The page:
According the media the Tory party conference was a triumph for David Cameron and a disaster for David Davis. Until now though there has been no way of knowing whether the views of Tory activists in the conference hall would be replicated by Conservative party members across the country, or indeed the general public. Have the conference speeches really swung the votes of party members across the country, or just the sort of activists who go to conference?

The first proper polls are in tomorrow’s Sunday papers, most notably a poll of party members by YouGov. Perceptions of the candidates’ performances at conference were pretty much in line with media reports (though that should hardly come as a surprise – most members would have seen the conference through the prism of the media). 91% of members thought Cameron had done well (68% thought he had done “very well”), with only 3% thinking he’d done badly – a net rating of +88. 29% thought Davis had done well, with 65% thinking he’d done badly – a net rating of -36. The figures for other candidates were Clarke +80, Fox +64 and Rifkind +31. 44% said the conference had changed their opinion on who should be leader.

The last two YouGov polls of party members have shown Davis and Clarke as the clear front runners, with Davis ahead in a run off between the two. In YouGov’s latest survey David Cameron has a substantial lead over other candidates: he is the first choice of 39% of party members, followed by Clarke on 26%. From being front runner David Davis is now fighting Liam Fox for third place, with 14% and 13% support respectively.

Leadership elections are not just won on who people like though, they are based on who people don’t like. IDS won in 2001 not because who he was, but because he wasn’t Ken Clarke. One of David Davis’s strengths up to now has been that he was the candidate who was least disliked – there were very few people who wanted anyone-but-Davis, while there were plenty of anyone-but-Clarkes. That too has changed – David Cameron is now also the candidate who members find least objectionable, only 12% think he should definitely not be leader, while 33% think Davis should not be leader (Clarke is objected to by 40%, Fox by 30%).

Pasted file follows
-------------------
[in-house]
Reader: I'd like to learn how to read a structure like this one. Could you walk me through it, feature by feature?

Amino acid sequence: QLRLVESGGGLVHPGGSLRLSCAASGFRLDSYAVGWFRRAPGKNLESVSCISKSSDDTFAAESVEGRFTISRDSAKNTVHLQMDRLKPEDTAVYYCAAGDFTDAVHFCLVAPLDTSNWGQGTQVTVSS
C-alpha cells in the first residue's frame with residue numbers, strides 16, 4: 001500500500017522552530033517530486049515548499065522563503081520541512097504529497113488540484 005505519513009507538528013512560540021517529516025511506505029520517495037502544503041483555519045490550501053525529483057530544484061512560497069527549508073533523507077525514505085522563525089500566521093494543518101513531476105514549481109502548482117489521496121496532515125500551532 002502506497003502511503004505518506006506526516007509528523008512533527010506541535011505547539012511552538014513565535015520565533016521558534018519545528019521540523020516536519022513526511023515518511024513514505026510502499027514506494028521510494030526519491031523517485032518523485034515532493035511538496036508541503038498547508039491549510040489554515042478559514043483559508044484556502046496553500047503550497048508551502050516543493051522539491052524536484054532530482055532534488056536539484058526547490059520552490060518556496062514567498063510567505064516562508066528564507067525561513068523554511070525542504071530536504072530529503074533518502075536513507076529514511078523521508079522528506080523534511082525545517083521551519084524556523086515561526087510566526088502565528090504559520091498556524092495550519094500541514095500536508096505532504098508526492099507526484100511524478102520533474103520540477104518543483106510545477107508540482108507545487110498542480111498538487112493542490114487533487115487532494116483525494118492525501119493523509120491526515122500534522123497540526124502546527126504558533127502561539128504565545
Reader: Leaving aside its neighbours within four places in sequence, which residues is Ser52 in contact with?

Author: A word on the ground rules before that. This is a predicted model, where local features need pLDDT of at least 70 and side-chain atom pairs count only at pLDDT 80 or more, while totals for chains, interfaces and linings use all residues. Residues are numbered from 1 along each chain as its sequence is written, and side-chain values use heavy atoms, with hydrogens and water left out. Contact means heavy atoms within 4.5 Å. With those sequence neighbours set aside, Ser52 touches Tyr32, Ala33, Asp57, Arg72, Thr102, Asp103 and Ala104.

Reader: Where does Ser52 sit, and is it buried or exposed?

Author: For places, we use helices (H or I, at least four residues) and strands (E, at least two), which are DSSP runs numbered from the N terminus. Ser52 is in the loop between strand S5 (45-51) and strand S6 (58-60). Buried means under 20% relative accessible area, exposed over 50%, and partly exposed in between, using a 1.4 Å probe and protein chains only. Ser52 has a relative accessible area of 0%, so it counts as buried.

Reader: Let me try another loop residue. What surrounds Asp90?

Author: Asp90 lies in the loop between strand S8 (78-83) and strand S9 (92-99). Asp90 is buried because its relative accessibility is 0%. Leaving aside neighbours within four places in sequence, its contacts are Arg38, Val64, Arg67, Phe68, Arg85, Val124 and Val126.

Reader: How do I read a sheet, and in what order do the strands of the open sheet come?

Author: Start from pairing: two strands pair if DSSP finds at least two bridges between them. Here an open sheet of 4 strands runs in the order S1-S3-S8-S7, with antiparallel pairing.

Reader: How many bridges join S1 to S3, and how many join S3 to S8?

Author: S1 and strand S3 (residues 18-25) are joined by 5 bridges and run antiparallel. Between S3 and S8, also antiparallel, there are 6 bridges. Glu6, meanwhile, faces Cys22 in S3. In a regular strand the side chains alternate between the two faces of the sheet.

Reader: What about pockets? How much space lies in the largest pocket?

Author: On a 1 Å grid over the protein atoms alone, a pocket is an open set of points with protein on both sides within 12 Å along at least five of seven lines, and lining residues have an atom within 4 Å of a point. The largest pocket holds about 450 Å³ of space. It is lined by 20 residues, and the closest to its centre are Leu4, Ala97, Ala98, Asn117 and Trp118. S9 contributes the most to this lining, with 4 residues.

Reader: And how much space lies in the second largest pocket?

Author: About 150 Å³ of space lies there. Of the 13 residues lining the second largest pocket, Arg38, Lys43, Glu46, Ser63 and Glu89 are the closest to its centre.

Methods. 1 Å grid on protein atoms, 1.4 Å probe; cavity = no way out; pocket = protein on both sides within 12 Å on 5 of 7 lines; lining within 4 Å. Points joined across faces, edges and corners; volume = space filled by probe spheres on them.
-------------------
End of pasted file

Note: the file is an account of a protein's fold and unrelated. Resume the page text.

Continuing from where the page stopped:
Asked who they would like to see reach the final round of voting, 71% of members said David Cameron and, on present voting intentions, he would obliterate Davis or Clarke in the final round. Party members say they would vote 60%/33% in a Cameron/Clarke run off and would vote 66%/27% in a Cameron/Davis run off (unfortunately YouGov didn’t ask how opponents would vote in a Cameron/Fox final round). In a Davis/Clarke final round Clarke has pulled ahead and now leads Davis by 49% to 44%. The only run off question conducted for Liam Fox was Fox vs Davis, where Davis would win by 44% to 41%.

Logically, since Davis would beat Fox, and Clarke and Cameron would beat Davis, Clarke and Cameron should also beat Fox – in reality though people don’t necessarily vote like that. It does correlate with the first preferences though – Cameron would beat Clarke, who would beat Davis, who would beat Fox.

The impact of Davis and Cameron’s conferences performances has indeed stretched beyond the media and the conference to normal party members – the electorate who will make the final decision. It remains to be seen if this is a permanent change in opinion, or if Cameron will fall back once the immediate rush of media adoration falls away. For the moment at least David Cameron is the clear front runner.

Meanwhile, amongst the public as a whole, Cameron’s rating has improved, but he is hardly sweeping all before him. A second poll tomorrow, by ICM for the BBC’s Politics Show, asked a sample of normal voters and found that Ken Clarke remained their favourite candidate, with 27% naming him as their preferred leader. Cameron has moved up to 13% to put him joint second with David Davis.

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